By Dow Jones Business News, March 13, 2013, 05:51:00 AM EDT
By Michael Haddon
U.K. farmers now have better access to their domestic biofuels market after the country's crops were shown to emit
fewer greenhouse gas emissions than originally feared, according to the Home Grown Cereals Authority.
From April, crops entering the biofuel supply chain must demonstrate that greenhouse gas emissions associated with
their cultivation are equal to or lower than default values set by the European Union's renewable energy directive.
Either figures from individual farms or regional areas can be used to calculate whether U.K. crops meet these targets,
the HGCA said late Tuesday, but the latter caused concern when submitted to the EU's executive arm in 2010 as many key
production areas fell short and would have restricted access.
However, the HGCA said revised figures it supplied have now been approved by the European Commission and can be used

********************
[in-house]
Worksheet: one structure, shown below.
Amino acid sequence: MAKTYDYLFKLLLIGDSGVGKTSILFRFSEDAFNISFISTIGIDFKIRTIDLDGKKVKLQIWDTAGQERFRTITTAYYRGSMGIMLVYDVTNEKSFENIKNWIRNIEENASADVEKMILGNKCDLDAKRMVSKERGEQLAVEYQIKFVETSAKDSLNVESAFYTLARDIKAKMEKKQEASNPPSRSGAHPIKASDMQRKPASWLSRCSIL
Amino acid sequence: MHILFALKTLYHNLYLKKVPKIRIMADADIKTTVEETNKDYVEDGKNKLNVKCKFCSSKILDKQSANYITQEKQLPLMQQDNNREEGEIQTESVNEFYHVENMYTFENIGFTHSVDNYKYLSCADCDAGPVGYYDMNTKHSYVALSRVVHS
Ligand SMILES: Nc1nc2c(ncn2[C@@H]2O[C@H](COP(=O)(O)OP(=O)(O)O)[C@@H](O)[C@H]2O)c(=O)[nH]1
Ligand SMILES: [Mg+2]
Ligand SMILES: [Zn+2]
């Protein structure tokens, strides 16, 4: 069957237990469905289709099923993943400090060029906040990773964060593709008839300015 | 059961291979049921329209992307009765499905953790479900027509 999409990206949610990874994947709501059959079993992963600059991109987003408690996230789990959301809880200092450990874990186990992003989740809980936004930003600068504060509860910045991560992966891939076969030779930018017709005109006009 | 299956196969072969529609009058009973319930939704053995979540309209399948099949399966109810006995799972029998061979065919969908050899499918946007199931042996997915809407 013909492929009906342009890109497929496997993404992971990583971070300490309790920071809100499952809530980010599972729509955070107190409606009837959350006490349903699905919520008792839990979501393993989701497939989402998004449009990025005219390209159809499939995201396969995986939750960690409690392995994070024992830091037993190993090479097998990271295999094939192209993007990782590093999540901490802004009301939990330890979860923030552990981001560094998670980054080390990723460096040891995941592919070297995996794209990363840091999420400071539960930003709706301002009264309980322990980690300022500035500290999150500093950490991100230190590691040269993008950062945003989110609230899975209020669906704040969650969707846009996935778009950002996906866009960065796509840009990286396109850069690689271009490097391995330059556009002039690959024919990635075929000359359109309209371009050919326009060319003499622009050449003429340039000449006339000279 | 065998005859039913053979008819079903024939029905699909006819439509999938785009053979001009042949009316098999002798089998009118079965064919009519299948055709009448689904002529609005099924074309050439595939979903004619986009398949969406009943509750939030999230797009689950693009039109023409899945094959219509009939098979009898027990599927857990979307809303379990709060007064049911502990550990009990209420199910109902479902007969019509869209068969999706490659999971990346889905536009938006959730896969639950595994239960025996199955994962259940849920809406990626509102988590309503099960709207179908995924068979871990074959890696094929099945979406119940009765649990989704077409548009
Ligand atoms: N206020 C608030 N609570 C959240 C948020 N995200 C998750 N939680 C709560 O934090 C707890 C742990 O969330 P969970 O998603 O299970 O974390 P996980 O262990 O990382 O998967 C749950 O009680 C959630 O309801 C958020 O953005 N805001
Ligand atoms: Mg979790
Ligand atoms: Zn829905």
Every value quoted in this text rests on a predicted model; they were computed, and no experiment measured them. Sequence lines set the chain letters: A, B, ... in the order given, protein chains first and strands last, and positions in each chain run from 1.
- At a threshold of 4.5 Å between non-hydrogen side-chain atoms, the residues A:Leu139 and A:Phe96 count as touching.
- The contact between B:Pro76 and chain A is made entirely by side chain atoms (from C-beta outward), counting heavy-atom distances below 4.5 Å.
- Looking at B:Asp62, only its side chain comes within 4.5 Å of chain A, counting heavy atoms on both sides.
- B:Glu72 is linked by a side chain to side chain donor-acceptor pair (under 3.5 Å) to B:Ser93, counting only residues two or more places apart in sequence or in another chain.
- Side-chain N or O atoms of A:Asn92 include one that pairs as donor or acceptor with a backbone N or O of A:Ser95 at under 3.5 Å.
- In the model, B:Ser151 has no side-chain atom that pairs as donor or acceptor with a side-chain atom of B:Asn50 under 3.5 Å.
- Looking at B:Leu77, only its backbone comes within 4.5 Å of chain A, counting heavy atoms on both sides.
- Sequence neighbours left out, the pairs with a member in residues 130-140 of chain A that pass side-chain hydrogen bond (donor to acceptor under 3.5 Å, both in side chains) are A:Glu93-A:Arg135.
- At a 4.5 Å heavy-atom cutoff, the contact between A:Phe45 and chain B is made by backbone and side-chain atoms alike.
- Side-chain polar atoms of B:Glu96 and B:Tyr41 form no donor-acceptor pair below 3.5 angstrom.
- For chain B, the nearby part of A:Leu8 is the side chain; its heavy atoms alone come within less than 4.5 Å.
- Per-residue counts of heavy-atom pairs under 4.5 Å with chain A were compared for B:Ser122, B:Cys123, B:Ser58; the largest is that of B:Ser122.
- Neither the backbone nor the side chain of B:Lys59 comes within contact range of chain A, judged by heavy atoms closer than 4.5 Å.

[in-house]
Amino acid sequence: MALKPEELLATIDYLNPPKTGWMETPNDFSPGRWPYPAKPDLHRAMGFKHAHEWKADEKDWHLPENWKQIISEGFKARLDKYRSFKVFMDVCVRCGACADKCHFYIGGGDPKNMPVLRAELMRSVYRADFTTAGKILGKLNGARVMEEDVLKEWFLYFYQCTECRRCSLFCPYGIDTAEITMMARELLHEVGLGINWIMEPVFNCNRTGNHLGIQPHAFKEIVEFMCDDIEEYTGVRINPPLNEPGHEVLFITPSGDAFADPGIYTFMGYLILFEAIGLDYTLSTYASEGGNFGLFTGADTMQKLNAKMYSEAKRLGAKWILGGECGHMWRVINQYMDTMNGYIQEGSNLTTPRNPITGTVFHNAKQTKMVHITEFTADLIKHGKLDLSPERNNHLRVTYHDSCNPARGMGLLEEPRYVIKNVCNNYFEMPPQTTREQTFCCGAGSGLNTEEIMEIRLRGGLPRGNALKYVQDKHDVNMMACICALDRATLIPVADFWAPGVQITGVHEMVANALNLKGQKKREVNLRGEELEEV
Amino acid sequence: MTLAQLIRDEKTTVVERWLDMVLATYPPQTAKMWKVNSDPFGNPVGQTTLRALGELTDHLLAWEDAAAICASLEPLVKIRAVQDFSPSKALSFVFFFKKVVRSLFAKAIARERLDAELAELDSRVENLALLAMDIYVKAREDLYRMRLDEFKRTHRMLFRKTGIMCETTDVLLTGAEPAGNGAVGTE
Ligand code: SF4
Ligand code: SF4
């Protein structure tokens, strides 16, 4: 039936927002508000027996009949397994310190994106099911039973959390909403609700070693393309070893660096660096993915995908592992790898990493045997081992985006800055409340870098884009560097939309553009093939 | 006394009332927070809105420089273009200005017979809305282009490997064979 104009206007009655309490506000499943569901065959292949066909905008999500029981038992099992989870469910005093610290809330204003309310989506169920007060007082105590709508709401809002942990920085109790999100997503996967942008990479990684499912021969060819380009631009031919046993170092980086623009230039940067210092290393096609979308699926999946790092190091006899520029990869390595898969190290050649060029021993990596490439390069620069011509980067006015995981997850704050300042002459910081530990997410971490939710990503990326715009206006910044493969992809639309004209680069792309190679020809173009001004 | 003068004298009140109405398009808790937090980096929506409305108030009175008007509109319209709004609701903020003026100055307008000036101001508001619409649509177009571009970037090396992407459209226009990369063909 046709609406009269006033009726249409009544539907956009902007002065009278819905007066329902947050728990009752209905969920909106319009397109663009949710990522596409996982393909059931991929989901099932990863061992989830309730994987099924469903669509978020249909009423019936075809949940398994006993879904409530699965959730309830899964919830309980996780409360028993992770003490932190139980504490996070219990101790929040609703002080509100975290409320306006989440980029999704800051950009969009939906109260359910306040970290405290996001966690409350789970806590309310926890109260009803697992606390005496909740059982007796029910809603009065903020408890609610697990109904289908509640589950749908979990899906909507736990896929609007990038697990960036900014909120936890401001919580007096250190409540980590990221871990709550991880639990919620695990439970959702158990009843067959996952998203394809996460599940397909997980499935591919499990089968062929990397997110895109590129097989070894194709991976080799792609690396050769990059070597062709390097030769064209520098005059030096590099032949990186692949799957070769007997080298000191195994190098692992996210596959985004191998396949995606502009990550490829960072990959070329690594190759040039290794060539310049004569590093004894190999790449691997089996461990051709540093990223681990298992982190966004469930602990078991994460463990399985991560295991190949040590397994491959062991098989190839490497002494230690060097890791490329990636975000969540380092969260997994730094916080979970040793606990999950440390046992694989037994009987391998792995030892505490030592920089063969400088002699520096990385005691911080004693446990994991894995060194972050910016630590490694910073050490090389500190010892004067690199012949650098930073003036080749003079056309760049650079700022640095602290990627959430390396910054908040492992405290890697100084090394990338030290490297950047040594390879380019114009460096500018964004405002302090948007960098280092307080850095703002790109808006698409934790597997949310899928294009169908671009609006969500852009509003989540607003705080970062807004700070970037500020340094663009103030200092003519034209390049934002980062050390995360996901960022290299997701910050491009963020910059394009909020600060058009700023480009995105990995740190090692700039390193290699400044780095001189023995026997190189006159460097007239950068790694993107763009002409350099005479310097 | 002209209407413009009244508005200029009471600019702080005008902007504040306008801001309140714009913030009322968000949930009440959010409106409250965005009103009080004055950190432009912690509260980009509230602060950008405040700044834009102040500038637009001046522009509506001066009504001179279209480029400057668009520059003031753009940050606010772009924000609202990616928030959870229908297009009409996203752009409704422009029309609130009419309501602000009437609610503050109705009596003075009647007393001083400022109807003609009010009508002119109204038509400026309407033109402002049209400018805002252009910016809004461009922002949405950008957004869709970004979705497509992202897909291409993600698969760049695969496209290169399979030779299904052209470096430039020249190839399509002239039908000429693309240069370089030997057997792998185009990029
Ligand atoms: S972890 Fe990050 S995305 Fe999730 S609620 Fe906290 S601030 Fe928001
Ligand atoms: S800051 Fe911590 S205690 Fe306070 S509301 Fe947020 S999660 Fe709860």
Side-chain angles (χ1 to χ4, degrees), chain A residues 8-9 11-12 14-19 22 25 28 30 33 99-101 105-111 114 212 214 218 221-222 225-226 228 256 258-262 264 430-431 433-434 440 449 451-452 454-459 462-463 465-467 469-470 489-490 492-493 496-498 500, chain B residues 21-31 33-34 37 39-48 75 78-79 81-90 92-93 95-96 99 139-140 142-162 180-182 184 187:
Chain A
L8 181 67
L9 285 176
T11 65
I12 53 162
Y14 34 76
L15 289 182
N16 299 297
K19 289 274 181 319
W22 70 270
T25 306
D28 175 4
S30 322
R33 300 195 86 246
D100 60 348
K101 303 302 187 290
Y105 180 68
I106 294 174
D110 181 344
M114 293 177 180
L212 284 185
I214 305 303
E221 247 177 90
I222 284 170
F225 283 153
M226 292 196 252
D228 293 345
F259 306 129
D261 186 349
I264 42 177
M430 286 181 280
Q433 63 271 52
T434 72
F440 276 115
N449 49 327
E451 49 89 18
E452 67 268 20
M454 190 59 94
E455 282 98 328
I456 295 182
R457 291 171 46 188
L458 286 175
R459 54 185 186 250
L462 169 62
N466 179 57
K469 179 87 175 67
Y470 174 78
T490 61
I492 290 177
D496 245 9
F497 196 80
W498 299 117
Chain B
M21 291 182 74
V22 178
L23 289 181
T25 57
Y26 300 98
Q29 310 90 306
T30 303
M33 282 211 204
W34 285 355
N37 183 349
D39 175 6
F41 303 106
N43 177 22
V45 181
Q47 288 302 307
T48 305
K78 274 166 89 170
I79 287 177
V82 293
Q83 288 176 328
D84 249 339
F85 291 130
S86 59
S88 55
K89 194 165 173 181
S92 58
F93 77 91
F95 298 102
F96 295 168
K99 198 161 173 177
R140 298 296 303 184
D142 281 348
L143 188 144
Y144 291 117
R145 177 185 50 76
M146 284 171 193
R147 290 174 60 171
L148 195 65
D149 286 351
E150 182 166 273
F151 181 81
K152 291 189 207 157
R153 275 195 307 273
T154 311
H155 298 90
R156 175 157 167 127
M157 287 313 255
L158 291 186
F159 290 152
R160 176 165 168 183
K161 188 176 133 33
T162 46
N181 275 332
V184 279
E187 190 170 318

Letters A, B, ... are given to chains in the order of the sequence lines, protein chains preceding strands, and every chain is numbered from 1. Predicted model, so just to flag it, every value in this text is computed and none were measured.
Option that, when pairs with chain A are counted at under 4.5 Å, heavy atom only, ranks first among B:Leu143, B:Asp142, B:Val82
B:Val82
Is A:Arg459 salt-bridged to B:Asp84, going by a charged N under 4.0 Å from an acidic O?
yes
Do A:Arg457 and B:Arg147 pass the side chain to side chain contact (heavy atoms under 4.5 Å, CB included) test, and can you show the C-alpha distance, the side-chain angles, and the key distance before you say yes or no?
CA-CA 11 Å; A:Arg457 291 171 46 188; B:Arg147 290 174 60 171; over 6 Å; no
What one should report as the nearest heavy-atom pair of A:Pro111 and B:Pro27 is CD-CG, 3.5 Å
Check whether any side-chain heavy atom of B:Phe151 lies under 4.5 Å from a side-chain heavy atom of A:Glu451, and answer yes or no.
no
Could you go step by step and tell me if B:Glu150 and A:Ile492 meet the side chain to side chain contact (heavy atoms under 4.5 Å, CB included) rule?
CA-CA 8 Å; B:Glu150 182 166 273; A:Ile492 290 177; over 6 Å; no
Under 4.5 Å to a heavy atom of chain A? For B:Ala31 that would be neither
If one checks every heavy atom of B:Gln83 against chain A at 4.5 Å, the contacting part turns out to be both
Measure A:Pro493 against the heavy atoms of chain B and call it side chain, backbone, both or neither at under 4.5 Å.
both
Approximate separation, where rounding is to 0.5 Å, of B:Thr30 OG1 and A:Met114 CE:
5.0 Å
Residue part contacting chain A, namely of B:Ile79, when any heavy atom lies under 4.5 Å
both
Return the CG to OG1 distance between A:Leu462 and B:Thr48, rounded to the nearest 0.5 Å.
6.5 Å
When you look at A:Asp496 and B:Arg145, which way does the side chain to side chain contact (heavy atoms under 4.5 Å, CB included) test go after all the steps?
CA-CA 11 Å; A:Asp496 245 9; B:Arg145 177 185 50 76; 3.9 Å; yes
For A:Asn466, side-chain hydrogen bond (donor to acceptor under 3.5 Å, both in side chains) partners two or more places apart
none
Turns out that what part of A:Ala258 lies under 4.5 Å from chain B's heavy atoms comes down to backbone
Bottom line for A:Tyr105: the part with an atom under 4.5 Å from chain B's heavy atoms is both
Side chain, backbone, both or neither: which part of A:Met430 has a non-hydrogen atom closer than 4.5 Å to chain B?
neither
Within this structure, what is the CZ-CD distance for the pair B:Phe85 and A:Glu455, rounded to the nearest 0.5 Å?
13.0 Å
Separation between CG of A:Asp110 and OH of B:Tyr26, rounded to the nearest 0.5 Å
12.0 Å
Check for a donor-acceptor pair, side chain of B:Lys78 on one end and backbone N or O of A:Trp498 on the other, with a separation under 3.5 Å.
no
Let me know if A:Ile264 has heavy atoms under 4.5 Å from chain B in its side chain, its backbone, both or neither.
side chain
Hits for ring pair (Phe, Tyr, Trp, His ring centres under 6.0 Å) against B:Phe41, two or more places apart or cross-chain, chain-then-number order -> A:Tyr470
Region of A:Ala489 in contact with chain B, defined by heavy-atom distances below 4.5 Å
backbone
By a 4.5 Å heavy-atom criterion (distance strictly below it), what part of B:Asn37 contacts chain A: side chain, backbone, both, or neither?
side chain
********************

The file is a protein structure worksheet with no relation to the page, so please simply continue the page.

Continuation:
by biofuel suppliers when reporting under the Renewable Transport Fuel Obligation.
"The great news is that the EC have accepted the revised regional figures and they can be used with immediate effect,
thus ending a period of great uncertainty, boosting confidence and potentially adding several million pounds to the
value of the UK biofuel supply chain each year," said Harley Stoddart, HGCA research and knowledge transfer manager.
The HGCA said the revised figures paint a far better picture for U.K. biofuel cultivation, with 97% of rapeseed
production meeting the criteria, compared to less than 5% previously, and 100% of sugar beet output complying, compared
to 0% previously.
The percentage of winter wheat production meeting the criteria was stable at 84%, from around 83% previously.
The HGCA said the review was possible after a consortium collated improved data for average yields, rapeseed oil
content, fertiliser use, fuel consumption, organic matter in soil and nitrogen content of residues returned to soils.
"Growers should not be alarmed if their area is in excess of the [Renewable Energy Directive] default values, as
solutions may still be found," said Mr. Stoddart. "The key is to discuss contracts with buyers and use carbon
footprinting tools to help understand what can be done on-farm to reduce [greenhouse gas] emissions," he added.
Write to Michael Haddon at email@example.com or on Twitter @MichaelHaddonDJ
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